The start of the busy summer travel season was accompanied by a string of highly publicized security lapses and leadership shakeups at the Transportation Security Administration, foregrounding concerns about the agency’s effectiveness that LAAPOA and other airport police groups have been voicing for years. As the scrutiny intensifies, many aviation security experts have concluded that the TSA is failing in its central purpose, and the billions of dollars spent on it since 9/11 have done little or nothing to make air travel safer.
At the beginning of June, news broke that Department of Homeland Security (DHS) investigators had been able to smuggle fake explosives, banned weapons and other contraband through security checkpoints at dozens of the nation’s busiest airports. TSA agents failed 67 out of 70 — a whopping 95% — of these internal tests, including one where a pat-down didn’t detect a mock plastic explosive taped to an undercover agent’s back. The embarrassing report coincided with a spate of bomb threats against U.S. planes and heightened warnings from the White House about potential Islamic State terrorist attacks on American soil. Just days later came the revelation that TSA background checks had cleared 73 airport workers for access to secure areas even though their names were on a federal database of potential terrorists.
These disturbing headlines point to ongoing mismanagement and lack of leadership. Even though TSA Administrator John Pistole announced in October 2014 that he would be stepping down at the end of the year, his position remained vacant for nearly six months while the White House and congressional Republicans pointed fingers about who was to blame for the lack of action. After the security breach report, acting chief Melvin Carraway was immediately reassigned and replaced by second-in-command Mark Hatfield, until Peter Neffenger was finally confirmed as the agency’s new head on June 22.
DHS Secretary Jeh Johnson promised revised standard operating procedures and more training to address the recently exposed vulnerabilities, but experts believe it will take much more to fix the broken TSA. DHS Inspector General John Roth, whose office conducted the undercover security tests and reported the background-check gaps, testified before a House committee in May that “we remain deeply concerned about [TSA’s] ability to execute its important mission,” and concluded that despite billions of dollars spent on aviation security technology, there had been “no resulting improvement.” When asked in a June Senate hearing if it’s safe to fly, prospective chief Neffenger answered, “I don’t know if it is right now.”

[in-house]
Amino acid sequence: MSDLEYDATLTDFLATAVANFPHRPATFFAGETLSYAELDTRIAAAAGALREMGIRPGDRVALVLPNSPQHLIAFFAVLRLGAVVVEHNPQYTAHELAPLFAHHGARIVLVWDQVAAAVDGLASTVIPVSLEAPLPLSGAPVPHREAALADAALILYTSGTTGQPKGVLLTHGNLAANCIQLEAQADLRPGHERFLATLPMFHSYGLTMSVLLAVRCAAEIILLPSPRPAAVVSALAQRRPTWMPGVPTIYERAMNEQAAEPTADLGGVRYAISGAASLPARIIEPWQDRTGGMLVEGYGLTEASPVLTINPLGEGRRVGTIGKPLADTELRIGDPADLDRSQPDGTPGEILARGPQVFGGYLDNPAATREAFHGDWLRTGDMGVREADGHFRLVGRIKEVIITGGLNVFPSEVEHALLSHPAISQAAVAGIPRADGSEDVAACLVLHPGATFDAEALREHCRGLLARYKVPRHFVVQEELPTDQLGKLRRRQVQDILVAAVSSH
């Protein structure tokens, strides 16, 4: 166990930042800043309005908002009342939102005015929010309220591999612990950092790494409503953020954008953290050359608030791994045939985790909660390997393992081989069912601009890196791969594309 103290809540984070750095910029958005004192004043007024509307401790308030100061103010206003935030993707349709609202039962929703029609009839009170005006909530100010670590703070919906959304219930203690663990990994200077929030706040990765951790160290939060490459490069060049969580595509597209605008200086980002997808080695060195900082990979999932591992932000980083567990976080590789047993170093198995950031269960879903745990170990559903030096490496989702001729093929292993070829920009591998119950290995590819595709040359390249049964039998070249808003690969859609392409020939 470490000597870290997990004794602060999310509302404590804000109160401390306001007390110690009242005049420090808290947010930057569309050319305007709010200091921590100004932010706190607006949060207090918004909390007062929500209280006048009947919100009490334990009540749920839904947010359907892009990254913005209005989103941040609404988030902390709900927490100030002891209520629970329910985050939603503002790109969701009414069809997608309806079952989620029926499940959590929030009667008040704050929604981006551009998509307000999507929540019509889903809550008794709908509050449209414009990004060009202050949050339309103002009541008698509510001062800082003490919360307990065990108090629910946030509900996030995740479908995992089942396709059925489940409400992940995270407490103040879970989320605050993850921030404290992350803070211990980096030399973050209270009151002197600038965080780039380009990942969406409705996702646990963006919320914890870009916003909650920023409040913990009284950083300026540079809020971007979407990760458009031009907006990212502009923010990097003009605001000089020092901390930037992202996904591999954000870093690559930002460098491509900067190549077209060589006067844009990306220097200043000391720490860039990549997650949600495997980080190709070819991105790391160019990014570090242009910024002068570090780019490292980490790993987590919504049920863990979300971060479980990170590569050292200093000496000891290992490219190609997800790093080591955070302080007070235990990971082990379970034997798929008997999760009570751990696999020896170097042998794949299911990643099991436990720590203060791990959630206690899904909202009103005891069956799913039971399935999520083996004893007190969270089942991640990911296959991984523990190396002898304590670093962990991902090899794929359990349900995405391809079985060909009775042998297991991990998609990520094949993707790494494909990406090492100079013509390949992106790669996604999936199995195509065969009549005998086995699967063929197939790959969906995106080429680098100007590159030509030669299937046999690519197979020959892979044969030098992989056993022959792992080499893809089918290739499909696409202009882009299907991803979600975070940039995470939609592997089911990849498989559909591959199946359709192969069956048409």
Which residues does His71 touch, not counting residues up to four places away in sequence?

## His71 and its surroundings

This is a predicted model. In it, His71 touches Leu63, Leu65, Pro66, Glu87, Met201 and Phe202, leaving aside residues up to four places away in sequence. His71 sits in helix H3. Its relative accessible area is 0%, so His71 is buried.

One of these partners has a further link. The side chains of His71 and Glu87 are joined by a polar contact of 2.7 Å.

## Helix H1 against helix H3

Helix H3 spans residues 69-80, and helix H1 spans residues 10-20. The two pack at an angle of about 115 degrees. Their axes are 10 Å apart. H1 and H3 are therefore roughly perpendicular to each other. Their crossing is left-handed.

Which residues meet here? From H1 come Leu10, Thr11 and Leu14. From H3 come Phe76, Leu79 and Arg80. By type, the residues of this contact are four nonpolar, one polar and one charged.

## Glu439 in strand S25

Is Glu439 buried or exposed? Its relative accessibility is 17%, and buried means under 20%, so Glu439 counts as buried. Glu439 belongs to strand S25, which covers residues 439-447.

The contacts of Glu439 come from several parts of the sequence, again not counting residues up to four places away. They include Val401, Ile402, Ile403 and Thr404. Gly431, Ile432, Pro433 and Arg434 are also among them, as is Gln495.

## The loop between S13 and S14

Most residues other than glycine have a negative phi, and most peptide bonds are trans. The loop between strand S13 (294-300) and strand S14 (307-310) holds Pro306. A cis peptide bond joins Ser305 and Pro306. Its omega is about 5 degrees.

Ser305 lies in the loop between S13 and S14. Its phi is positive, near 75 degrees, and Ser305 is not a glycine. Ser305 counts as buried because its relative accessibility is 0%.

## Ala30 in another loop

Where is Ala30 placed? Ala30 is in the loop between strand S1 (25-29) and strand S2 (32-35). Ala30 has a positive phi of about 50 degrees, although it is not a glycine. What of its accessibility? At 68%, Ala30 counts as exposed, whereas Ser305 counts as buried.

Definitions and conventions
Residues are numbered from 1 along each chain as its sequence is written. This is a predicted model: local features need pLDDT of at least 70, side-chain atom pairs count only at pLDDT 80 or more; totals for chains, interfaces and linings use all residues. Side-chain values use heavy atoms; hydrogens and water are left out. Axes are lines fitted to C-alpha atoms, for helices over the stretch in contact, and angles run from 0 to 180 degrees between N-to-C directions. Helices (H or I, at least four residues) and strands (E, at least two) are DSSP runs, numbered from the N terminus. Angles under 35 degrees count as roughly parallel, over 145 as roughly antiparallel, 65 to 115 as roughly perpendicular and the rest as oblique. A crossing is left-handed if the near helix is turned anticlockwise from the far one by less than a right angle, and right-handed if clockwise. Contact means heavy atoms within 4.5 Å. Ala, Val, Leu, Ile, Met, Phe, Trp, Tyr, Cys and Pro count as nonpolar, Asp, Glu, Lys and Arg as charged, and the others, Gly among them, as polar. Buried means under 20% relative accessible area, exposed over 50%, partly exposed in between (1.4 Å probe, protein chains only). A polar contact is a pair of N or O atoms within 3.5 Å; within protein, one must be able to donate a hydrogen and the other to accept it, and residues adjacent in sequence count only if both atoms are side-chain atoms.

Such troubling developments are, unfortunately, not surprising. “The DHS IG reports only reinforce what was already known by any airport police officer — TSA management has strayed from its fundamental and important job of screening passengers and baggage, which puts the traveling public at risk,” says LAAPOA President Marshall McClain. Way back in September 2012, LAAPOA joined the American Alliance of Airport Police Officers (AAAPO) in making a number of recommendations to TSA Administrator Pistole that would improve security, including stationing an airport police officer within 300 feet of the passenger-screening checkpoint and giving law enforcement real-time access to all cameras at airports. To date, these proposals have been ignored, even as incidents such as the November 1, 2013, shooting at LAX and the New Orleans airport machete attack continue to underscore the urgent need to close security gaps.
Airport police officers have intimate knowledge of the TSA’s shortcomings, as well as the specific security needs of their individual airports. Now more than ever, as concerns mount about the agency’s ability to perform its basic function, it is important to invest in these on-site, specialized police forces and make the most of their expertise.
“The TSA’s problems have to be addressed at the federal level by refocusing its core mission on improving the screening of passengers and cargo, instead of creating new jobs and new missions that attempt to replicate what local law enforcement is already doing,” says McClain. “In the meantime, there are concrete, commonsense steps that Los Angeles World Airports can take to bolster security close to home. At a time when our nation is questioning whether the TSA is making us any safer, we should not ignore the established and proven security resources we already have on hand. Airport police are our first line of defense against terror attacks, and we must ensure that they have the tools, staffing, compensation and support they need to carry out their crucial role.”